# Electrical – Series-parallel RLC resistor voltage

capacitorinductorresistorsvoltage simulate this circuit – Schematic created using CircuitLab

Edit: Impedance value below has been found incorrect and would apply to a purely parallel circuit instead. Question has been answered in below comment. Deleting unrelevent information from this post to give the below answers more relevance.

Question : How do I find Voltage across R at 1000Hz. I built/measured VR in this circuit and VR should be about 2.2V at 1000Hz.

I have calculated:

XL = 20.734 Ohms

XC = 15915.494 Ohms

Z = 18.9908 Ohms < Z found to be incorrect. Now given correctly in comment below

Let's take this slowly:

Ok, we know the that the complex impedance of a capacitor is

\$Z_C = \frac1{j\omega C}\$

and the of an inductor

\$Z_L = {j\omega L}\$,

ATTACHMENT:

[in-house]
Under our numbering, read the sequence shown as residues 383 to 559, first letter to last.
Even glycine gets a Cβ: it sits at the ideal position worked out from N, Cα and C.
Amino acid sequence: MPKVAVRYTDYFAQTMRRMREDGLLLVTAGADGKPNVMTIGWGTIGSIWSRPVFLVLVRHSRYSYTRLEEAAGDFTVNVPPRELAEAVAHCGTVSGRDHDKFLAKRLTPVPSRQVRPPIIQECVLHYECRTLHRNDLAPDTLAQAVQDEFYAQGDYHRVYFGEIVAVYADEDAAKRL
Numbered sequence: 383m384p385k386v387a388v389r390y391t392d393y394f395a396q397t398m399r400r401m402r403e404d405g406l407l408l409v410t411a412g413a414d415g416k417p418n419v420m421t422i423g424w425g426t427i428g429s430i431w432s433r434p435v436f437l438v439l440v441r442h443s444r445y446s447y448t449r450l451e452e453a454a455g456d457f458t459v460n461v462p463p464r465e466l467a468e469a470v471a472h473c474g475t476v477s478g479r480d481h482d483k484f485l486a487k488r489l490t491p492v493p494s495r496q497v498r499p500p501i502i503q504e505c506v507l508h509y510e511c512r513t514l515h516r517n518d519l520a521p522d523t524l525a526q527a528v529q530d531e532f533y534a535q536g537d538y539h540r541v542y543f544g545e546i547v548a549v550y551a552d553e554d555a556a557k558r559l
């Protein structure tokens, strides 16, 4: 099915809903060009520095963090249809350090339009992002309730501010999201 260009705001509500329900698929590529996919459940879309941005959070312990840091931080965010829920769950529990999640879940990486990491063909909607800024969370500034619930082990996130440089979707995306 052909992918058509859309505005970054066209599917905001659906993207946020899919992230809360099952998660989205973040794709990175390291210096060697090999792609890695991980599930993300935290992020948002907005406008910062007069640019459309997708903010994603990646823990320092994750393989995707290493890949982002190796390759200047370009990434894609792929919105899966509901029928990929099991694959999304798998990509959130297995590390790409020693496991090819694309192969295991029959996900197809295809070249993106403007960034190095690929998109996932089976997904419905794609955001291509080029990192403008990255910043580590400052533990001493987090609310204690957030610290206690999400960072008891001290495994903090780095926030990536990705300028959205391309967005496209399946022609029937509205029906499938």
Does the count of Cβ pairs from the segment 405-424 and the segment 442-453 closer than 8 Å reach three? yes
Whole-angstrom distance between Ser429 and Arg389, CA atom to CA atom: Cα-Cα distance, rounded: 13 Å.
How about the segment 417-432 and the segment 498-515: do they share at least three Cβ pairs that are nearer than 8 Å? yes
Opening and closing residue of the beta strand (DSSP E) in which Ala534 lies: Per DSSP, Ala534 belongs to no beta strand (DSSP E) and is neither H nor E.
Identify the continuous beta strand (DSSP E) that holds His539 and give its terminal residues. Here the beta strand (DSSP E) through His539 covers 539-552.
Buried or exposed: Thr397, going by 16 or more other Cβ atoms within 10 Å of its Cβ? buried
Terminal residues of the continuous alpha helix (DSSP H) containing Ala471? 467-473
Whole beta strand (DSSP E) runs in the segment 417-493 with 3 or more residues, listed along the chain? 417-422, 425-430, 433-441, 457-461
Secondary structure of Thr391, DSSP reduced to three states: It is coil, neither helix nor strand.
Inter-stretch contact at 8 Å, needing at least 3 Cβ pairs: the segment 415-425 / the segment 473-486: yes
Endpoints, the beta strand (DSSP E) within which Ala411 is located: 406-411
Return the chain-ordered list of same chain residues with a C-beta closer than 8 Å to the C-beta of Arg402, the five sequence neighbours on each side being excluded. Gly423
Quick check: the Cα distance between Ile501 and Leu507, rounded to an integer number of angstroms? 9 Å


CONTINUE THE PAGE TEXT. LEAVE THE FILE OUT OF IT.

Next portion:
with \$\omega=2\pi f\$.

Inserting values: \begin{align} Z_C &= \frac1{j2\pi f C}\\ Z_L &= {j2\pi f L}\\ Z_{L||C} &= \frac1{\frac1{Z_C}+\frac1{Z_L}}\\ &= \frac1{j2\pi f C+\frac1{j2\pi f L}}&\text{extending elegantly yields}\\ &= \frac{j2\pi f C-\frac1{j2\pi f L}}{\left({j2\pi f C+\frac1{j2\pi f L}}\right)\left({j2\pi f C-\frac1{j2\pi f L}}\right)}\\ &= \frac{j2\pi f C-\frac1{j2\pi f L}}{\left({j2\pi f C}\right)^2-\left({\frac1{j2\pi f L}}\right)^2}\\ &= \frac{j2\pi f C+\frac j{2\pi f L}}{-4\pi^2f^2C^2 + \frac1{4\pi^2f^2L^2} } \\ &= \frac{j\left(2\pi f C+\frac 1{2\pi f L}\right)}{-4\pi^2f^2C^2 + \frac1{4\pi^2f^2L^2} }\\ &= j\frac{2\pi f C+\frac 1{2\pi f L}}{-4\pi^2f^2C^2 + \frac1{4\pi^2f^2L^2} } \end{align}

As you can see, the complex value of that sub-circuit is purely imaginary!

Now, do the usual voltage divider calculation for the voltage across R1, and you will find the voltage drop as a function of frequency \$f\$.